In the days when Jonathan Papelbon slowly readied himself to deliver the last strike in the ninth, Red Sox broadcaster Jerry Remy would gravely announce, "They are on their feet in Fenway." He and NESN'S Don Orsillo often had a whimsical give-and-take that amused the two of them even more than their listeners. Thus, one evening, as Papelbon took his usual long time to create a pitch, Orsillo said something supposing Remy would make his usual comment. Remy's rebuke was to remain silent.
Some weeks later, when that crucial moment presented itself, Remy's response came. "They stand as one at Fenway," he intoned. The two broadcasters could not stop laughing, and regular TV fans laughed with them. And so the new phrase took its place as the familiar comment when the last of the ninth was upon us.
But standing as one at Fenway is an anytime event. Few things match the experience of being at a Red Sox game when the fans are at their best. At a water polo match at Greenwich (Conn.) High School just before the World Series started, we went a little nuts yelling while grandson Sam helped his team win the weekend's championship. The sound was loud, contained by the limited space around an indoor pool. Back at Sam's house, the small crowd made amazing noise when the Red Sox took the pennant. But neither compared to the roar at Fenway four days later.
You have to wonder what it's like to be Adam Wainwright in the midst of all that clamor. Do opposing pitchers hear it or block it out? Even the best of ear plugs couldn't obliterate what Red Sox Nation can do when it's gathered on its home turf. And we were there, second time this year, when the Red Sox bats were all fired up.
I always said I never wanted to sit in the home-run destination monster seats or near that left field jog that puts spectators in line for hard-hit line drives. With no desire to catch an errant ball, I was sure I'd spend the day in trepidation, rather than rejubilation. But there we were, only 12 rows up from the field, smack opposite the jog. The grandsons assured me they'd catch whatever came, and I said I'd be of no use. My goal was to be on the floor, preferably sheltered by their parka-bulked bodies. And then with the excitement of that first game, I forgot all about the odds of being hit in the head.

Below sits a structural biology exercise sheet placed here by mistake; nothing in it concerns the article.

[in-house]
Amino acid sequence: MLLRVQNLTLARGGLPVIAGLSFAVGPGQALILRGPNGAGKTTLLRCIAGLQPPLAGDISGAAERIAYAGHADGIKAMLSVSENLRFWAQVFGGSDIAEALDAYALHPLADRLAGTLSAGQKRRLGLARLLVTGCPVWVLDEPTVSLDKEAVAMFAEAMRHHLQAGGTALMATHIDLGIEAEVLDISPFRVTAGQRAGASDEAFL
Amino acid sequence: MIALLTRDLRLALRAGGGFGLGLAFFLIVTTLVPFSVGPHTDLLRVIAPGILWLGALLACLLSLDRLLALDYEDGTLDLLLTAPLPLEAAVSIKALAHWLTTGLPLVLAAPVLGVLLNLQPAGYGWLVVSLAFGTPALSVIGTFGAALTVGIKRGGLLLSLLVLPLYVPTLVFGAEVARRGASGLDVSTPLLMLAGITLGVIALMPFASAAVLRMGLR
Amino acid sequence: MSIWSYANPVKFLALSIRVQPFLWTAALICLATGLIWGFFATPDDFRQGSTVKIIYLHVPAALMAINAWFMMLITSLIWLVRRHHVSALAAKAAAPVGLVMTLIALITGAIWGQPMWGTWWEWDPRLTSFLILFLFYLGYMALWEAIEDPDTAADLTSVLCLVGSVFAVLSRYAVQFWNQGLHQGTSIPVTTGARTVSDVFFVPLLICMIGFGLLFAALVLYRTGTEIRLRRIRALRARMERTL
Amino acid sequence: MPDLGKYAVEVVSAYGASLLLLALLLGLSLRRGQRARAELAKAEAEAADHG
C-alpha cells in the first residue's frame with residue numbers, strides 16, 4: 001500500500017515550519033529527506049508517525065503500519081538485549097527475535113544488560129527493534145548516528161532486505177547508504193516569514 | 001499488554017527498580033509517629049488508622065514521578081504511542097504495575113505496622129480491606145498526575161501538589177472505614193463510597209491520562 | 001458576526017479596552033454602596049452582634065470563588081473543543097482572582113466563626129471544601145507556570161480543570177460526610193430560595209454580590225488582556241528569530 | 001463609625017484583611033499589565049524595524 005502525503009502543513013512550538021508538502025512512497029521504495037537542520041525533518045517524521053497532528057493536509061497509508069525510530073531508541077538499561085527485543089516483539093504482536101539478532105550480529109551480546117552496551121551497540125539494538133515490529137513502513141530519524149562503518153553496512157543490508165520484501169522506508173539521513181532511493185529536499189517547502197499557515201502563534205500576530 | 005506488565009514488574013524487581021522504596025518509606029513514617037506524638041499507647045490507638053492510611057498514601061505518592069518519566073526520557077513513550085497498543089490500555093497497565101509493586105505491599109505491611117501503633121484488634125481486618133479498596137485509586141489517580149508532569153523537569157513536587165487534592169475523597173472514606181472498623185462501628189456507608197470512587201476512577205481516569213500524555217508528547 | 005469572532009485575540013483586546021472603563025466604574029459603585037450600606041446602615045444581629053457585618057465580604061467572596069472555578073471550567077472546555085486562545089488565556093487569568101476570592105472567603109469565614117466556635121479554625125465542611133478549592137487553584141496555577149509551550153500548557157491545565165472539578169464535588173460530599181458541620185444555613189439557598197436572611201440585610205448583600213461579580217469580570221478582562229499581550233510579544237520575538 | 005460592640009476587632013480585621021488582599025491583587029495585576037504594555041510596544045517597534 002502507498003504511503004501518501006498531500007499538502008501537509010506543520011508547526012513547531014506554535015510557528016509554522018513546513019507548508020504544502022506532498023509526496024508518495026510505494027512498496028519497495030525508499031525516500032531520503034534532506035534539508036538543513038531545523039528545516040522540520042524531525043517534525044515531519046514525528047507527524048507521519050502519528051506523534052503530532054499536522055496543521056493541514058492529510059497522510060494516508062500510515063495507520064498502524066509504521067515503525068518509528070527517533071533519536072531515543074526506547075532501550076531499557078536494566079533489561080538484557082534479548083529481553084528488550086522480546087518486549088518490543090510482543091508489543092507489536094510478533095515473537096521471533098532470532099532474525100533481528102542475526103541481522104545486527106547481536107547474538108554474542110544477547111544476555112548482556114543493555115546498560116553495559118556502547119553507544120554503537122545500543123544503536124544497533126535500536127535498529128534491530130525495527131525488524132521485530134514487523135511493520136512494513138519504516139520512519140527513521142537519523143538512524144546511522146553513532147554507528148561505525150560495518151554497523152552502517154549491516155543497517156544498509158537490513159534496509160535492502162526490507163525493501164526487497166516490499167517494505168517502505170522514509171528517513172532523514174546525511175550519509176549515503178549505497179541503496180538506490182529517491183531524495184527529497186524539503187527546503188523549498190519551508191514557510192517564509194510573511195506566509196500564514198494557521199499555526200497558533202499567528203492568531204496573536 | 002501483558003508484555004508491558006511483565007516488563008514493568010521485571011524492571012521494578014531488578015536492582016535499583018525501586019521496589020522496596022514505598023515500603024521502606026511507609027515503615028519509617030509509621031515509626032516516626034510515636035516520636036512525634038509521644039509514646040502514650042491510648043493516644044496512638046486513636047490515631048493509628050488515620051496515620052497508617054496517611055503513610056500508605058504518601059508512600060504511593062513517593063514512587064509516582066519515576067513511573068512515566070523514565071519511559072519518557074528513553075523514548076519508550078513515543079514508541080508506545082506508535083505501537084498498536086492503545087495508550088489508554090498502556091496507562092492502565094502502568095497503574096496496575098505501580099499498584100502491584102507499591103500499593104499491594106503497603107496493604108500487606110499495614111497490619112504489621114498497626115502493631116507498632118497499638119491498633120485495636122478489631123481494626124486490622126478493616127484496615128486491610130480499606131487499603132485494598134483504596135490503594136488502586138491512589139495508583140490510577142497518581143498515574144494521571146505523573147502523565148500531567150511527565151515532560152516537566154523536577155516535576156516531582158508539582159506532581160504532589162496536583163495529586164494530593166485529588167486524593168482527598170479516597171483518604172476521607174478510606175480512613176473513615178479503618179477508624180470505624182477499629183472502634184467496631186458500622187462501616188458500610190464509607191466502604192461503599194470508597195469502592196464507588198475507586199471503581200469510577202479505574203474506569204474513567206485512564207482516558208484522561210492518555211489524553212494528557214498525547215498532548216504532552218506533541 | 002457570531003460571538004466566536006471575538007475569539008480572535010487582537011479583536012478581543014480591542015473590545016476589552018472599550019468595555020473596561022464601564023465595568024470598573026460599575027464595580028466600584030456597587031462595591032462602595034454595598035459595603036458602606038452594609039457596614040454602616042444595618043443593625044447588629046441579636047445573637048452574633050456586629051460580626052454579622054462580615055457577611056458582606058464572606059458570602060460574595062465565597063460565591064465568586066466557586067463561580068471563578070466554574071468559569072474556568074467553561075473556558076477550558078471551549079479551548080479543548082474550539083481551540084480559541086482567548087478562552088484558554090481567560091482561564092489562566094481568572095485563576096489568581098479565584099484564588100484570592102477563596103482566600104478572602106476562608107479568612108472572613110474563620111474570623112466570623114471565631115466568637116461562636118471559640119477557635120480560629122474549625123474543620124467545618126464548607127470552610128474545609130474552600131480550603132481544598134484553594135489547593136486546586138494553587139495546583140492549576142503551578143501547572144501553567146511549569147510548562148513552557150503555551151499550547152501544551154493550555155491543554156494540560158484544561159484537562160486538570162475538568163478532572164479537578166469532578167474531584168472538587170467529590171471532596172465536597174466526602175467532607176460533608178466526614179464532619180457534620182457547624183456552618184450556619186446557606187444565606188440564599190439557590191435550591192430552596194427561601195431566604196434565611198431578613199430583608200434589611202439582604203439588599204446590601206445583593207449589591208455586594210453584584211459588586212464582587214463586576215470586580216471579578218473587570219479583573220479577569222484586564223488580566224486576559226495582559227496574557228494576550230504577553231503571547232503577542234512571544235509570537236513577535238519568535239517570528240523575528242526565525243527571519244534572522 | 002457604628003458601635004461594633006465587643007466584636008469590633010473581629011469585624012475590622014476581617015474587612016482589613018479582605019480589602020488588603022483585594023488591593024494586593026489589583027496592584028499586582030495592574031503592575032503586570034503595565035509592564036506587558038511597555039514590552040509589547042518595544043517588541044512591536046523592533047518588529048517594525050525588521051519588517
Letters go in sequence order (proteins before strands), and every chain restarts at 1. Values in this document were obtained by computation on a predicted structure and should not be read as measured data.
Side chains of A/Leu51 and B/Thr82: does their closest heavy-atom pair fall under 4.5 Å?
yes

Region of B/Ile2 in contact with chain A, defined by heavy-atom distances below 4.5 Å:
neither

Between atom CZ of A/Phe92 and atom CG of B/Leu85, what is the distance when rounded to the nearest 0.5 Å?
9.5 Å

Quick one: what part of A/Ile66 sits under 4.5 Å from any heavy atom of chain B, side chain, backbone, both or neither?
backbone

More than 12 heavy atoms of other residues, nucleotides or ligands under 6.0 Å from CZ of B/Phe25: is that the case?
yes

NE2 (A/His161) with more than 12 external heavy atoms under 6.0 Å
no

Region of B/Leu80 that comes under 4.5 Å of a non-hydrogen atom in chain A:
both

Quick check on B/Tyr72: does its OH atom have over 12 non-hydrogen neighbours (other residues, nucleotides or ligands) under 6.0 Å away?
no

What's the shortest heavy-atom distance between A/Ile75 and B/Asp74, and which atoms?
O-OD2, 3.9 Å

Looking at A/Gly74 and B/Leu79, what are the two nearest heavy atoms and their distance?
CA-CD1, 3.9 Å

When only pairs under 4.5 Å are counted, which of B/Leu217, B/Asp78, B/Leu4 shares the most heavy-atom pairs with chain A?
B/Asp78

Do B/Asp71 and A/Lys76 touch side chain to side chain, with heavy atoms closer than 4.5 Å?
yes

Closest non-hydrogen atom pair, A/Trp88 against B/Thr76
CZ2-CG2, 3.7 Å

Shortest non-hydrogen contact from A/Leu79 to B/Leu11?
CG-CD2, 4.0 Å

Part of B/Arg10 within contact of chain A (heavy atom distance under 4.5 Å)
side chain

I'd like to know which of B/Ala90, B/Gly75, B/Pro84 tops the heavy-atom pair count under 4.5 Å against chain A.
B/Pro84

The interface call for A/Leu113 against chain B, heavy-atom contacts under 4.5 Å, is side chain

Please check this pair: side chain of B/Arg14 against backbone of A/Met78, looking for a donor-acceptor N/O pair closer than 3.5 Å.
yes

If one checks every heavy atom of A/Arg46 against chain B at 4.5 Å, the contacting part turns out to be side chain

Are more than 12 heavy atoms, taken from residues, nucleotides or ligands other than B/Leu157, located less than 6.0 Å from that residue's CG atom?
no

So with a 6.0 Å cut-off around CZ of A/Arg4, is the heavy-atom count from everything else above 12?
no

Instead, we were on our feet at Fenway, rising as one at Fenway, over and over. We flew up so many times that my recalcitrant knee had no time to stiffen or consider an inconsiderate buckle.
Electronically, Fenway is a maze of information. Replays are on the big board, the words for "Sweet Caroline" hang over the bleachers, lights constantly tell the number of pitches, the ERAs, the number of times a hitter hits with a second baseman on third and just about everything else you'd want to know -- except that a soda will cost you $5. When I went to Fenway during World War II, we had no visuals.
Game 1 was a grand night. We listened to the guy behind us asking the woman next to him, a stranger, more questions than she'd get in a job interview. We watched a fan in front of us don his see-through Pedroia face, until he lost his stolen seat to the people who displaced him in the fourth inning. We observed security walking, walking, walking -- one of them labeled "alcohol surveillance security." We noticed many beards on the ground crew.
And we yelled. My throat hasn't felt so abused since high school cheerleading days. Whatever happens next -- even with the haunting Game 3 -- Game 1 was marvelous.
Ruth Bass has been a Red Sox fan since Bobby Doerr days. Her website is www.ruthbass.com.